Monday, February 06, 2012

Monday's Molecule #158

This molecule is responsible for one of the distinguishing features of an entire group of species. Sadly, most undergraduates have never heard of this molecule and they never study the fundamental process that it represents. In my experience, about 90% of all introductory biochemistry courses skip the relevant chapter(s) in the textbooks. There's no reasonable excuse for that omission. It's just bad teaching.

Identify the molecule—the common name will do. Post your answer in the comments. I'll hold off releasing any comments for 24 hours. The first one with the correct answer wins. I will only post correct answers to avoid embarrassment.

There could be two winners. If the first correct answer isn't from an undergraduate student then I'll select a second winner from those undergraduates who post the correct answer. You will need to identify yourself as an undergraduate in order to win. (Put "undergraduate" at the bottom of your comment.)

Some past winners are from distant lands so their chances of taking up my offer of a free lunch are slim. (That's why I can afford to do this!)

In order to win you must post your correct name. Anonymous and pseudoanonymous commenters can't win the free lunch.

Winners will have to contact me by email to arrange a lunch date.

UPDATE: The molecule is phycocyanobilin the light absorbing pigment in cyanobacteria (and some other species). This blue pigment is found in large structures called phycobilosomes and it is the reason why cyanobacteria were called blue-green algae. The winners are Thomas Ferraro and Charles Motraghi (undergraduate).

Nov. 2009: Jason Oakley, Alex Ling
Oct. 17: Bill Chaney, Roger Fan
Oct. 24: DK
Oct. 31: Joseph C. Somody
Nov. 7: Jason Oakley
Nov. 15: Thomas Ferraro, Vipulan Vigneswaran
Nov. 21: Vipulan Vigneswaran (honorary mention to Raul A. Félix de Sousa)
Nov. 28: Philip Rodger
Dec. 5: 凌嘉誠 (Alex Ling)
Dec. 12: Bill Chaney
Dec. 19: Joseph C. Somody
Jan. 9: Dima Klenchin
Jan. 23: David Schuller
Jan. 30: Peter Monaghan


  1. Phycocyanin, the light-gathering molecule of cyanobacteria

  2. Phycocyanobilin, the terminal acceptor of energy for light-gathering structures of cyanobacteria

  3. Sorry for the multiple posts, but with a bit of research... I actually think Phycocyanobilin may be closer... but that seems to have an additional double bond...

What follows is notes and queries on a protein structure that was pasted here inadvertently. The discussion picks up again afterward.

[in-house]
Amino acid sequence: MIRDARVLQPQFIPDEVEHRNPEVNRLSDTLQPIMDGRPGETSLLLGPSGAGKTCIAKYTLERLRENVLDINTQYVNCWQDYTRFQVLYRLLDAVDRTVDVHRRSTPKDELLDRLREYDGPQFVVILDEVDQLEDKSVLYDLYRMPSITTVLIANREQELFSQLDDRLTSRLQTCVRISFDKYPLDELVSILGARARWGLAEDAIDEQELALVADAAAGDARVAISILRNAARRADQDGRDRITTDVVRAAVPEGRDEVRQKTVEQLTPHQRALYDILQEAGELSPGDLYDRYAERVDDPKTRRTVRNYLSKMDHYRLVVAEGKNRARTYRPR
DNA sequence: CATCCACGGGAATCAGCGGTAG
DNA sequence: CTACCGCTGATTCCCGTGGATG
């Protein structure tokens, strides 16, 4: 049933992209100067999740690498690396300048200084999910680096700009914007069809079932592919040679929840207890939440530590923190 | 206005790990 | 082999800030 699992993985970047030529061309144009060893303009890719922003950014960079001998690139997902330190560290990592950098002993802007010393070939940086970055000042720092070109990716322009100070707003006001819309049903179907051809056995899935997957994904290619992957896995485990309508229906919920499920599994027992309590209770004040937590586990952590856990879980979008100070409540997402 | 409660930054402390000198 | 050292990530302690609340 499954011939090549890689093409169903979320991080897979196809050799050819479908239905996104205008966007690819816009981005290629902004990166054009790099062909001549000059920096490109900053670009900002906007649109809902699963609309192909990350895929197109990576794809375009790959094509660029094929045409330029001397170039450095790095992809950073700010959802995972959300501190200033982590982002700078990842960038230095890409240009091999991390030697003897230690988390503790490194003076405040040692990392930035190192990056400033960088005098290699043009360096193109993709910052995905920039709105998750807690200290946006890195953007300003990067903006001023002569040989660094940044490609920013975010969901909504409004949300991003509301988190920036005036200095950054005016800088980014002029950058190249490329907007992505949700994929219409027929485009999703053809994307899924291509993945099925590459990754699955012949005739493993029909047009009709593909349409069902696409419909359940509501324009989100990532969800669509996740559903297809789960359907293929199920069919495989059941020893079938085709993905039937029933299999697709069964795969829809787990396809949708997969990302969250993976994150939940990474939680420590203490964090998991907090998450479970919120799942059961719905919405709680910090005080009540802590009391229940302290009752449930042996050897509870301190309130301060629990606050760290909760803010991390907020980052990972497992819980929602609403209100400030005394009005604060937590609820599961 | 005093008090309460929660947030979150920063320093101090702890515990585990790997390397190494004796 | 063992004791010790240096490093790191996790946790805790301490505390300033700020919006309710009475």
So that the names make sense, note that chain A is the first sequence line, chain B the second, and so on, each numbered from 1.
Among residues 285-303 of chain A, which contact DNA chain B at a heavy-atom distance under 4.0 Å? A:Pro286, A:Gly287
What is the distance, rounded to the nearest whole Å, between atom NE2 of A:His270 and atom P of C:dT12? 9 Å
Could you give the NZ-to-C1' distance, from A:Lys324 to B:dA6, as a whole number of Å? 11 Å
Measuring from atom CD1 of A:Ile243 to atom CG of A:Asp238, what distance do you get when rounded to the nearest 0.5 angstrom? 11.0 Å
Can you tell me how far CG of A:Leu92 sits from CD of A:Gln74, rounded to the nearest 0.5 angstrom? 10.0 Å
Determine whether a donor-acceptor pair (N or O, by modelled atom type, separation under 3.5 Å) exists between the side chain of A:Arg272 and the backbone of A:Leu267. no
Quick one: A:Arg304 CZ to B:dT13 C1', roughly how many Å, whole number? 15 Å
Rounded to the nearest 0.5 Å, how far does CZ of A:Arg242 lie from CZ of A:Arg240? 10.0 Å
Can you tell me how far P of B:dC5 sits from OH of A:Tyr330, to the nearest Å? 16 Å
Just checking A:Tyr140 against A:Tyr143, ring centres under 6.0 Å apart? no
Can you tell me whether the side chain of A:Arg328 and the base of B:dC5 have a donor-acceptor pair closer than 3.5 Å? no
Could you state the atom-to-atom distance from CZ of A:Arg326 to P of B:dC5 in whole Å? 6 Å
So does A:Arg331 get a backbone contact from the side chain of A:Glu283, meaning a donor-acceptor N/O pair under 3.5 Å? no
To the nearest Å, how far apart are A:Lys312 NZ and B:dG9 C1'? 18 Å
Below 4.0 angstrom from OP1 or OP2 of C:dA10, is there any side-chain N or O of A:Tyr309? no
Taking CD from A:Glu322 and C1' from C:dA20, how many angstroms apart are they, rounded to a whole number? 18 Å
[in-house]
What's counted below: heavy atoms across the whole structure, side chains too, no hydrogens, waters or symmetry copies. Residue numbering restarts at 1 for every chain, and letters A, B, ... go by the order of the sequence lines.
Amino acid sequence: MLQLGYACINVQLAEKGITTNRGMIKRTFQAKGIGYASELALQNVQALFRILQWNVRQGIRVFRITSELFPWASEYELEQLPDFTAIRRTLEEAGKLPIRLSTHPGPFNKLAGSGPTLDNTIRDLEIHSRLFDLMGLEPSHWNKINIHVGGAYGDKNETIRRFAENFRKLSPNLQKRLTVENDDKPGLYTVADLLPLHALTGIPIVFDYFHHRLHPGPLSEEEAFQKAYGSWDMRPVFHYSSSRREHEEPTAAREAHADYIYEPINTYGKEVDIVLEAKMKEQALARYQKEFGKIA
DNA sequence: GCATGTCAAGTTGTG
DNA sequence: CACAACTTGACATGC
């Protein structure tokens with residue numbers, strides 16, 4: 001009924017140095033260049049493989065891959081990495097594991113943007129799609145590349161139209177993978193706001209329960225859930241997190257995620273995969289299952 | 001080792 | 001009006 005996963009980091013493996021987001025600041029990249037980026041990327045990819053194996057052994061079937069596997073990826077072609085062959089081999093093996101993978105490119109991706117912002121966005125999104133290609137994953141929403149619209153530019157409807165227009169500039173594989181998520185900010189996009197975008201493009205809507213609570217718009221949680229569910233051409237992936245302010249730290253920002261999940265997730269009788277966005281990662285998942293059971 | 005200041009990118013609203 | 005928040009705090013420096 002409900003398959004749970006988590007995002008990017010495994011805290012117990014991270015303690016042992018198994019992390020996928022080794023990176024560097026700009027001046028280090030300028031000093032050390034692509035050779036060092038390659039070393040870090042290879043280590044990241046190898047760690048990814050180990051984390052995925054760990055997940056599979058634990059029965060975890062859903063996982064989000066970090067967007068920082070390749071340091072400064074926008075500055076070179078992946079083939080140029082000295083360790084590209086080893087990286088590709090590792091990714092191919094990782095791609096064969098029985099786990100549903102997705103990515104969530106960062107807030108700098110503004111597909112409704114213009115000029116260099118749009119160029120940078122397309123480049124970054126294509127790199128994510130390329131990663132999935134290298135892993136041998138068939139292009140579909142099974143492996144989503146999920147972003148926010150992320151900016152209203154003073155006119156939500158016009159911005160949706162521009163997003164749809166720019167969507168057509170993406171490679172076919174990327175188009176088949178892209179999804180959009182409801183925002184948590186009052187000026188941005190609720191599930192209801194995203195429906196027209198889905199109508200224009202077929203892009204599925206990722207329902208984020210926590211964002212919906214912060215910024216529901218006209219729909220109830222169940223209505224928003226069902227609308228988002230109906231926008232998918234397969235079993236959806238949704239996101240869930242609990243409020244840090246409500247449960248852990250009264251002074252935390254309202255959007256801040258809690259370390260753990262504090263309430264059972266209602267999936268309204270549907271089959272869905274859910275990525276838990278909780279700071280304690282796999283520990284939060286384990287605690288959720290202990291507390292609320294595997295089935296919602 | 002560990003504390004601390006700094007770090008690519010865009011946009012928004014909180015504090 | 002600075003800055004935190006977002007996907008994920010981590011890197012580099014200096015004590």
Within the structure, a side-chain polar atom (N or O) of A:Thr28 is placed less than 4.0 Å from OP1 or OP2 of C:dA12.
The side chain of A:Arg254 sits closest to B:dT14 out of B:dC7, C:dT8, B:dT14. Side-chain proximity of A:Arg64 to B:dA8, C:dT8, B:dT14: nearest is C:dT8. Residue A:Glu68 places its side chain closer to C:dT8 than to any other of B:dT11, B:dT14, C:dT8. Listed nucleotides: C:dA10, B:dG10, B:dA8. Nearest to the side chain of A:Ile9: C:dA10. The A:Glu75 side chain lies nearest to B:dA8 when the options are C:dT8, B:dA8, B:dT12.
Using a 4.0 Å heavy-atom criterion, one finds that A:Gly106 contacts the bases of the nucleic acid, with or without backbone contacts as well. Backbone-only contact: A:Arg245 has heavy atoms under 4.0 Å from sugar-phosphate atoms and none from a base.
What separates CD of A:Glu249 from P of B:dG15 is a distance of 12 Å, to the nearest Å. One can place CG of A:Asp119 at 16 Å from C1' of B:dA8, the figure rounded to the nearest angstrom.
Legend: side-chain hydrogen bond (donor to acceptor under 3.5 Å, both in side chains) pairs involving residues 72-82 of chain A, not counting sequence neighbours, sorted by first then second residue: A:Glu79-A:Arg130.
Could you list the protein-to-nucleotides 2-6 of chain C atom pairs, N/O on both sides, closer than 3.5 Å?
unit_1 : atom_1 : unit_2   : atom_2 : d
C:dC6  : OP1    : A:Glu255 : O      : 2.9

4. Unfortunatly I was never shown this structure in my 1st year Botany lectures, although we did learn about the molecule.

    The molecule is Phycocyanobilin, a tetrapyrole found in cyanobacteria.

  5. Oh, I forgot to mention, I am an Undergraduate...

  6. Phycoerythrobilin, a chromophore of phycoerythrin, pigment of all red algae.

  7. I don't know what the molecule is, but wonder if the diagram is correct. The C in the CH at the far right has only 3 bonds, not 4. Am I right, should it be CH2 or a double bond to the ring below?

    1. Is it phycocyanobilin, a phycobilin?

      My name is Charles Motraghi, I'm an undergraduate.

  8. It is phycocyanobilin from cyanobacteria, red algae and others.

  9. Dihydrophycocyanobilin is about the closest I can come up with.

  10. After a long search I could only find two compounds with trivial names that fit the basic "open porphyrin" tetrapyrrole structure containing an ethylidene group attached to ring A-carbon 3, and these are Phycoerythrobilin and Phycocyanobilin, but both contain two more hydrogen atoms, in different places. Accordingly, a good name for molecule # 158 would be 15, 16- Dihydrophycocyanobilin.
    These compounds are constituents of the light harvesting complexes of cyanobacteria and red algae.

  11. Phycocyanobilin, and an interesting use of my lunch time. I was chasing heme degradation products for a while.

    You may address me as the Plenipotentiary of Boredom!

  12. I will only post correct answers to avoid embarrassment.

    So that's just a lie?

    1. Sorry, my mistake.

      I deleted your incorrect answer so you won't be embarrassed. :-)